I find it interesting, though, that about a fifth of The Jesus Scholars are reported to have taken “the view that the story was a Christian invention to justify the church’s mission to the Gentiles.”1. As one of my seminary professors suggested, Jesus in this story was meant to symbolize the Church and its decision to change from being the Body of Christ that ministered only to the children of Israel to being the Body of Christ that ministered to the ends of the earth – to Gentiles and Jews. 3. That is another facet in the story.
All this begs the question, if the early church restricted the Good News of the Gospel to only those of a certain race, would we today call that a form of racism? Was the Church doing something like that? And from our modern perspective I think the answer is “Yes.” The early Church had leaders at first centered what we now call Christianity only on Jewish Jesus Followers.
Paul is the most famous early church leader to try to change that centering. Paul urged that the Church needed to also allow in non-Jews– the Gentiles, which is a word, like the word “Greeks,” used to politely delineate people of non-Jewish races in the Bible. Since most of us here are not Jews from the area we call Israel we would be considered a different race than Jesus and Paul and almost all the heroes and heroines in the Bible. Paul and a few others on his side argued early on that all races should be allowed in and cared for by the Church, the Body of Christ that lives on after Ascension Sunday.
In the Gospels, prior to his Ascension Jesus tells his followers to love everyone. Paul, in his older than the gospels writings beautifully puts it like this in Galatians: “There is no longer Jew or Greek, there is no longer slave or free, there is no longer male and female; for all of you are one in Christ Jesus.” There is a big battle over this and the side Paul champions eventually wins in the long run. We can hear vestiges of this historic battle in the text today. The Church, the Body of Christ, at one time did not want to waste resources on other races – the Gentiles. Many in the early Church wanted to focus only on the lost sheep of Israel, not on the lowly dogs of other races. Seen this way our discomfort is shifted to the exclusionary ways of the early Church, not the historic Jesus.
But there is also good news about the Church in the story. The Church learns from the victims of racism, it chooses to change and tend to them, symbolized by Jesus changing and tending to the Syrophoenician woman and her child. In other words, the Church early on makes the mistake of excluding folks on the basis of race from the continuing Body of Christ as Church . . . . and when the error is called to its attention . . . the Church fixes it.
The Body of Christ, the Church, when all is said and done, relatively quickly answers the call to help the Gentiles. That’s not disturbing. That’s a lesson in Love. That’s a lesson in how Church ought to act when it makes mistakes, when it has excluded others from Jesus’s open-to-all community and table, when it excludes people from access to God’s unconditional love and grace. In this day and age when people and groups of people are still referred to as dogs, or worse, today’s Lectionary text has a powerful lesson. When the care and justice and respect provided to one race is different than the care, justice and respect provided to another, churches and church people, would do well to learn as the living Body of Christ does from the Syrophoenician Woman.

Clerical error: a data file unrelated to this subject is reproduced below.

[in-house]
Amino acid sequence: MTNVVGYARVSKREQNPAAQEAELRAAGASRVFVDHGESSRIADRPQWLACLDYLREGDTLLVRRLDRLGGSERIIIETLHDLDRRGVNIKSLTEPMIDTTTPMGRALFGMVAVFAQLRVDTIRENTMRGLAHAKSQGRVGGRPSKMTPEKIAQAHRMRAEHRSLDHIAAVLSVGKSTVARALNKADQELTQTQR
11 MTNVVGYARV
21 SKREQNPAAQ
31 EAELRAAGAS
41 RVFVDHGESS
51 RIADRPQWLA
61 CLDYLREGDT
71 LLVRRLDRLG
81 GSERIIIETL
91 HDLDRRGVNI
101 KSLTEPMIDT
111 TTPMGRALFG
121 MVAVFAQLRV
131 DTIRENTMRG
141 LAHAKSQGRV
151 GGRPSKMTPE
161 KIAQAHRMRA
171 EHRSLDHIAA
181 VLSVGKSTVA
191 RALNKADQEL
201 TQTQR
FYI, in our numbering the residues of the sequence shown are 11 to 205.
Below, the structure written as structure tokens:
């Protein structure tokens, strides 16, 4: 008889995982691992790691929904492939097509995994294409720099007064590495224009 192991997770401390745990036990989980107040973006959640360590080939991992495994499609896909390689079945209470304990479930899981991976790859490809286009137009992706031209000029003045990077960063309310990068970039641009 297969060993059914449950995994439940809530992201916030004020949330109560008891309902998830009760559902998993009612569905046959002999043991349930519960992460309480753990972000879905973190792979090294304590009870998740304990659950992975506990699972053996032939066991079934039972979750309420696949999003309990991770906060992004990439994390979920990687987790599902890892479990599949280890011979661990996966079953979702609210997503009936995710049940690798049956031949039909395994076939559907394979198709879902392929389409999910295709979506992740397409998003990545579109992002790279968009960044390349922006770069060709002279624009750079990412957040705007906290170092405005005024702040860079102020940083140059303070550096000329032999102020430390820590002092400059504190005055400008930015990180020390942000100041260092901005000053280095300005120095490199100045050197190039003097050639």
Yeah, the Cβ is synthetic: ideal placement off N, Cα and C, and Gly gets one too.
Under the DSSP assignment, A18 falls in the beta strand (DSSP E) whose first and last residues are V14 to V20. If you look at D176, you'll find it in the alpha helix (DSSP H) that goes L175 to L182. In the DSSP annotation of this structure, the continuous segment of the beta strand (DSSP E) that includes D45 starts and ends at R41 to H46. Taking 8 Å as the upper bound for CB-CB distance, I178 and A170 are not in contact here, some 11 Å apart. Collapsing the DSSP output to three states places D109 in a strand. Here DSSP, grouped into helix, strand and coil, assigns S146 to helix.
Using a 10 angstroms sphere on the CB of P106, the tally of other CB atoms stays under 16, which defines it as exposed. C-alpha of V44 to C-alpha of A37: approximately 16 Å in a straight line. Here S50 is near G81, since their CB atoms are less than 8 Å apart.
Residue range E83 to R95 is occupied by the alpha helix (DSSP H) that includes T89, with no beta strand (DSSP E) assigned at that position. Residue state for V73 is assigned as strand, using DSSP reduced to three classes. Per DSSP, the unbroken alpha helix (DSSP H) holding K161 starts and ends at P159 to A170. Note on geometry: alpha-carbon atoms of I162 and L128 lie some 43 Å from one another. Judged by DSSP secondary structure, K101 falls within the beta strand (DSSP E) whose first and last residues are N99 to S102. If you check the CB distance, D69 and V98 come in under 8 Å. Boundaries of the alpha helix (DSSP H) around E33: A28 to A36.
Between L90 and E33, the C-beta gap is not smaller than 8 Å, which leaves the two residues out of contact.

Her wisdom is very similar to what we discussed last week, that we need to value all people. But I like the quote I used from Paul in his letter to the church in Galatia. We must have a frame of mind and become a community of faith where:
There is no longer Jew or Greek, there is no longer slave or free, there is no longer male and female; for all . . . are one in Christ Jesus.”
That means every barrier and false construct created by humanity must be taken down. So there is no racism. So there is no sexism. So there is no heterosexism. So there is no classism. So there is no ism of any sort. So no human is called a dog.
May we learn from the wisdom of the Syrophoenician Woman, of Paul and of Jesus and our text today. AMEN.
* based in part on a sermon I wrote in 2008
1. Funk, Robert & The Jesus Seminar. The Acts of Jesus, HarperSanFrancisco (1998), p. 96-98, 212–214. The suggestions and references in this sermon pertaining to the probability that certain words in the story of the Syrophoenician woman are not traceable to the historic Jesus are derived from this book. But I note that the Jesus Scholars did think the core story probably has roots in something(s) that happened in Jesus’s life.
2. See, The New Interpreter’s Bible, Vol. 1 p. 336-338.
3. These are not his words, but, rather how I interpreted Dr. John Rigg’s musings one day in a course on Baptism and Communion in the fall of 2005.
4. Woolf, S. H., Johnson, R. E., Fryer Jr, G. E., Rust, G., & Satcher, D. (2004). “The Health Impact of Resolving Racial Disparities: An Analysis of US Mortality Data”. American Journal of Public Health, 94 (12), 2078-2081. I located this information and the citation in a footnote at a Wikipedia site on “racism” at http://en.wikipedia.org/wiki/Racism_in_the_United_States#cite_note-134
5. This information is extrapolated from the U.S. Dept. of Health & Human Services website at http://www.omhrc.gov/templates/content.aspx?ID=3021
Scott Elliott Copyright © 2018